Few brokers optimistic about benefits industry

Given the uncertain impact of health care reform and a rocky economy, there’s a lot for a broker to worry about these days. And it’s all having a big effect on how they are looking at the benefits industry.

A MetLife study released Monday finds only 25 percent of benefits brokers and consultants with large clients, and 12 percent with small and mid-sized clients, are very optimistic about the benefits industry overall.

Three out of five respondents expect employer-paid medical insurance will still be an important growth opportunity in the next three years, but 73 percent are very concerned about reductions in commissions in light of health care reform.

There’s more optimism, though, when it comes to a broker examining their worth—more than half (52 percent) of brokers and consultants with large clients say they are very optimistic about the growth potential of their firms as are approximately one-third (31 percent) of those with small and mid-sized clients.

“With new challenges for employers often come new opportunities for those brokers and consultants who can bring creative solutions to the table," says Anthony Nugent, executive vice president, U.S. Business, MetLife. 

"While wary of how health care reform might change their own business operations as well as those of their clients, four out of five benefits brokers and consultants say their firms are actively exploring new models and strategies in order to stay relevant and pursue growth opportunities. The optimism expressed by many firms about their own futures indicates confidence in their ability to successfully meet these challenges.”

For the most part, brokers feel reform will give them an advantage: Nearly three-fourths of brokers expect their clients to rely on them even more three years from now. Virtually all respondents (97 percent) feel that they have worked hard to keep their clients up-to-date on health care reform developments. 

The economy is more worrisome, with two-thirds of brokers concerned the it may cause employers to cut benefits, particularly in small and mid-sized employers. The study reveals other concerns include:

  • Keeping up with legislative changes and their impact (68 percent);
  • Maintaining/growing top-line revenue at the firm (63 percent); and
  • Attracting and retaining clients (62 percent)

For brokers and consultants with clients with fewer than 1,000 employees, concerns were a little different:

  • Reductions in commissions due to medical loss ratio (85 percent);
  • Maintaining/growing top-line revenue at the firm (82 percent); and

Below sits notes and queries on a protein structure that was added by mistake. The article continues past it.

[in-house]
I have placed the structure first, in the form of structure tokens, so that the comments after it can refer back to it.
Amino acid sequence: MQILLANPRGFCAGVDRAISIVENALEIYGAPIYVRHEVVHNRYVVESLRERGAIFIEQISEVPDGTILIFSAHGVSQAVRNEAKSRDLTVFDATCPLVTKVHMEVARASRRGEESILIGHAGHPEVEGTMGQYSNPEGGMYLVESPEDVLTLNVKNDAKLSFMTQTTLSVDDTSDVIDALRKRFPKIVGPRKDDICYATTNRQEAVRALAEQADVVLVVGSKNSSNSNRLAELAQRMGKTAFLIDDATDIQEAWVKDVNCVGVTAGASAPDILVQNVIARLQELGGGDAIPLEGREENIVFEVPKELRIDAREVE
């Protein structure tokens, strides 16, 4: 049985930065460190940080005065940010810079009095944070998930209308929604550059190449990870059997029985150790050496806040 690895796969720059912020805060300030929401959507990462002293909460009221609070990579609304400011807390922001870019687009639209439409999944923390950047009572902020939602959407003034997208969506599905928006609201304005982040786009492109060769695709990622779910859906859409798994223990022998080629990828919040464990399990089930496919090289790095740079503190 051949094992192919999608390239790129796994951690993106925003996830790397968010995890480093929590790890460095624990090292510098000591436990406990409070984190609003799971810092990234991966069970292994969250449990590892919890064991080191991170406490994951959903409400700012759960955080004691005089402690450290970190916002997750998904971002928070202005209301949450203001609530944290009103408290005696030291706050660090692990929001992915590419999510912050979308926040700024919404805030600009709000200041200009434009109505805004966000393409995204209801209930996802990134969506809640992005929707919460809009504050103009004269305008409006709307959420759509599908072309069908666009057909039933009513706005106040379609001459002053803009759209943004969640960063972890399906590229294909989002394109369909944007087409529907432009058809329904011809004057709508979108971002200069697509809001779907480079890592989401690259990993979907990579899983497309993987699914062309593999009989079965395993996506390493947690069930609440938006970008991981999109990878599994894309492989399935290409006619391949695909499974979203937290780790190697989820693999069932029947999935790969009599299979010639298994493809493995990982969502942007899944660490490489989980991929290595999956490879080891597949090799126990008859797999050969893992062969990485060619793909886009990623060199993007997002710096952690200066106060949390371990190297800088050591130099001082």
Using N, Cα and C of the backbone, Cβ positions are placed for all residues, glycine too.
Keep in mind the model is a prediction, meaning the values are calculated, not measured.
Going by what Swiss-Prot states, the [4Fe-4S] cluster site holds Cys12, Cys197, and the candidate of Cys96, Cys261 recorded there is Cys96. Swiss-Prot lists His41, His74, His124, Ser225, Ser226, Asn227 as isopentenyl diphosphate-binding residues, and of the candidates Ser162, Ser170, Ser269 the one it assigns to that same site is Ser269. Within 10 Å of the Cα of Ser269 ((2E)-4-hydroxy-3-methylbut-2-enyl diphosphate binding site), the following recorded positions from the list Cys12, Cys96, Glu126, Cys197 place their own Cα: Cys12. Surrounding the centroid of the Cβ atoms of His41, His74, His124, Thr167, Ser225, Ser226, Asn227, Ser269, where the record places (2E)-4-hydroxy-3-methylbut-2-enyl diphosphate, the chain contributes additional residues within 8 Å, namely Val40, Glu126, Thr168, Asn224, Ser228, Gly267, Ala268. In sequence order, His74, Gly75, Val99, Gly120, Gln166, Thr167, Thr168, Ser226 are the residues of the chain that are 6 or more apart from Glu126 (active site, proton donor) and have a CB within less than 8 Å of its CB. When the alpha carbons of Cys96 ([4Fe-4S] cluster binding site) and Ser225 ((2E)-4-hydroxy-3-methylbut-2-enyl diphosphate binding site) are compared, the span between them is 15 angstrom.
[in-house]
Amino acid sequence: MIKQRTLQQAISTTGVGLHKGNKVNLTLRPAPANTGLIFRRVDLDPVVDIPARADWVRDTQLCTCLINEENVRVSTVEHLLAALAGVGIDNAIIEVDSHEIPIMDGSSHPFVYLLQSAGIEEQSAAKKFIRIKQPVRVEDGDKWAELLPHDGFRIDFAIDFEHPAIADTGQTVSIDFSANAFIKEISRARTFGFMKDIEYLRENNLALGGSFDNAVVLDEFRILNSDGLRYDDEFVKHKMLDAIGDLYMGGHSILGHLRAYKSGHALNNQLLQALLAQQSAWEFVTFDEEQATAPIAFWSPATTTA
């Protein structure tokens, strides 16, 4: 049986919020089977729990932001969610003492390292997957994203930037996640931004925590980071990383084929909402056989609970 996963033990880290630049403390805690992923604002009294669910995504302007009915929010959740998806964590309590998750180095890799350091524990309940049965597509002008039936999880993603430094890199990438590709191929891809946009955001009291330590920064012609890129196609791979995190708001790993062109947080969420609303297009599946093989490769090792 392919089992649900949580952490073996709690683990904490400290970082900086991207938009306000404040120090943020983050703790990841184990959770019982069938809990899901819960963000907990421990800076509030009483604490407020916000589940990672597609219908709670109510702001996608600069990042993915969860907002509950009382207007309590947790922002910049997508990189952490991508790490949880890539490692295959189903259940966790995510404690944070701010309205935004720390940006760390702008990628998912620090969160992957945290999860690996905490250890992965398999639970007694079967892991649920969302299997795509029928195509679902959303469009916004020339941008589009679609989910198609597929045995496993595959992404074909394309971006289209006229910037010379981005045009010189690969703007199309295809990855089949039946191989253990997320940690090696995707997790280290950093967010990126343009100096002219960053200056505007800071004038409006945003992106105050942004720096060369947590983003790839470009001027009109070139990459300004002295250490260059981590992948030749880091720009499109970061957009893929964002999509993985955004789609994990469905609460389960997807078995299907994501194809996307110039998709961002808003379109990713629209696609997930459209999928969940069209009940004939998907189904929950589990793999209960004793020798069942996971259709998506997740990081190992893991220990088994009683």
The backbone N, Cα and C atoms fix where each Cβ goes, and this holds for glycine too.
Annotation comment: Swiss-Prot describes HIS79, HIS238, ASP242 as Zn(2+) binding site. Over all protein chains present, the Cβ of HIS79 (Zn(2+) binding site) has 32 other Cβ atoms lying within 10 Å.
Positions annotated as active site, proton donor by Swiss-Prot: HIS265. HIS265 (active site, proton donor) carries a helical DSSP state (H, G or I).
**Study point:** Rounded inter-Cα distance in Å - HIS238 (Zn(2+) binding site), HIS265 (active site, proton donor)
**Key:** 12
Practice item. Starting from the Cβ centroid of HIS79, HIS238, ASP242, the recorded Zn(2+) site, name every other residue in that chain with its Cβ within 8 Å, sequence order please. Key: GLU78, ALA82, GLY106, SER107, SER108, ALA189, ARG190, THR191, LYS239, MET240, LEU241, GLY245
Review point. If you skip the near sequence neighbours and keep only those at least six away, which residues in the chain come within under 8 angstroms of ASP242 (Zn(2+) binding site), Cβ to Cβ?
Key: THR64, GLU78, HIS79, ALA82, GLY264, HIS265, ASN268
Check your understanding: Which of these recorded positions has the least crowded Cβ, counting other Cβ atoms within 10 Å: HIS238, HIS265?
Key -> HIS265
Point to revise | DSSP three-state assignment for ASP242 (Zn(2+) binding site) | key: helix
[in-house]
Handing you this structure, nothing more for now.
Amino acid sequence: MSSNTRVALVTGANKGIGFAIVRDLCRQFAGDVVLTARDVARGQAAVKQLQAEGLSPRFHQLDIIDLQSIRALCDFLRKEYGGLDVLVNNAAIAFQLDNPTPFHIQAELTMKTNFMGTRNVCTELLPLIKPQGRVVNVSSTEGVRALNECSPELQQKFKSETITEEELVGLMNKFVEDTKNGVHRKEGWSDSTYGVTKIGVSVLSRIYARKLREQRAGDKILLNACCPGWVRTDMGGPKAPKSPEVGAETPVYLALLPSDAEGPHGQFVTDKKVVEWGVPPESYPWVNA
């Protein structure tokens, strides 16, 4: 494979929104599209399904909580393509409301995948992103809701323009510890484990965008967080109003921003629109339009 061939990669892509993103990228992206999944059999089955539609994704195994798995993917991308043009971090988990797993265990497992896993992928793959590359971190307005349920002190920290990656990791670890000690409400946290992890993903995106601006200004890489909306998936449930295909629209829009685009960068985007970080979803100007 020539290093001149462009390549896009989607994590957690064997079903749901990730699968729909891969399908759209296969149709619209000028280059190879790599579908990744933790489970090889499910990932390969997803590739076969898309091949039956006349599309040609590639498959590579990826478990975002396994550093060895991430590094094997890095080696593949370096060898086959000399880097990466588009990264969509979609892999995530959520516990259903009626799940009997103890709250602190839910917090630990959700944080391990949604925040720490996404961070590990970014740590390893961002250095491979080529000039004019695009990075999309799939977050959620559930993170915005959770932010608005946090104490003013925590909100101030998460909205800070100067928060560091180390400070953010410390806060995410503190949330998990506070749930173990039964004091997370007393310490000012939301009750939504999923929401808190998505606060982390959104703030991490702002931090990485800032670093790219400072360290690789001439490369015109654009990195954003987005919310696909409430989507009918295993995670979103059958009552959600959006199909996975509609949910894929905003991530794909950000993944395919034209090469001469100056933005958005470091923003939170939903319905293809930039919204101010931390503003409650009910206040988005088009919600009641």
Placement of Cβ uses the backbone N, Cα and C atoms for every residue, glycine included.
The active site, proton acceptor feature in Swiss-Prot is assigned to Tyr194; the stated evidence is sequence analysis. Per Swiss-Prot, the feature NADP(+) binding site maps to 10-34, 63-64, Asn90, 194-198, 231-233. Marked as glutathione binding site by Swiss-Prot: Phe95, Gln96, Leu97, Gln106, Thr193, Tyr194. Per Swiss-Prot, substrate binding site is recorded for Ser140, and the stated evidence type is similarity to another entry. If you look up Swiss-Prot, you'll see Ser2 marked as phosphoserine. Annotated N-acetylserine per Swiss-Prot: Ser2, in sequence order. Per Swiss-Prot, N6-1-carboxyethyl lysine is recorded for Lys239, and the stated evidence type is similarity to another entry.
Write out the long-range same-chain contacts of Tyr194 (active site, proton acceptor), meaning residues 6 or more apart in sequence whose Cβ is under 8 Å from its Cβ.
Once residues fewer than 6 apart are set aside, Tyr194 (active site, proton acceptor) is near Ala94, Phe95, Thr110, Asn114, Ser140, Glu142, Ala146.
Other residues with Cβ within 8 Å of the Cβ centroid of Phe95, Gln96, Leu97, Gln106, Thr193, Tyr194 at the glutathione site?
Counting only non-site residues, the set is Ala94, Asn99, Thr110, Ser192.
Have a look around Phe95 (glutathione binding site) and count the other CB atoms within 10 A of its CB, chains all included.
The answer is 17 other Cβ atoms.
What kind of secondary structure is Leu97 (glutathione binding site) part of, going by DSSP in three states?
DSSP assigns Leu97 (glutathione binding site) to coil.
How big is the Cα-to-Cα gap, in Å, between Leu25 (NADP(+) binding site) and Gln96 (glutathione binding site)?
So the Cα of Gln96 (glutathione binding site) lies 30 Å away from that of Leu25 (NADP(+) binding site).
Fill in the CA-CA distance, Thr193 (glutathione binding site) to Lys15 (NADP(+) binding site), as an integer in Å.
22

• Keeping up with legislative changes and their impact (78 percent).

“The convergence of economic issues and health care reform is reshaping the benefits landscape, and demanding agile navigational skills from brokers, consultants and their clients alike. The key to growth for brokerage and consulting firms will be the ability to differentiate one’s self from the competition—a concern expressed by two-thirds of survey respondents,” says Ronald Leopold, vice president, U.S. Business, MetLife.

To increase overall profitability and sustainability of their firms, brokers say they intend to enhance consulting services, sell more voluntary and ancillary products and play a greater role in health and wellness. The study finds 58 percent of brokers and consultants “see an opportunity to enhance or expand their broker consulting services.” The same amount also see a potential to sell more voluntary benefits and ancillary products over the next three years in post-health care reform world.

Brokers say they expect to see a rise in the importance for these benefits on a voluntary basis: disability, 67 percent; life, 66 percent; long-term care, 65 percent; dental, 62 percent; medical, 61 percent ; and critical Illness, 59 percent.

MetLife’s survey was conducted during the fourth quarter of 2010 and the first quarter of 2011 and consisted of a telephone survey fielded by GfK Custom Research North America and face-to-face interviews conducted by the Churchill Group. The survey comprised 502 interviews with brokers and consultants who sell group employee benefits to companies of all sizes. Face-to-face interviews were conducted with 24 brokers and consultants, representing various geographic areas in the U.S.


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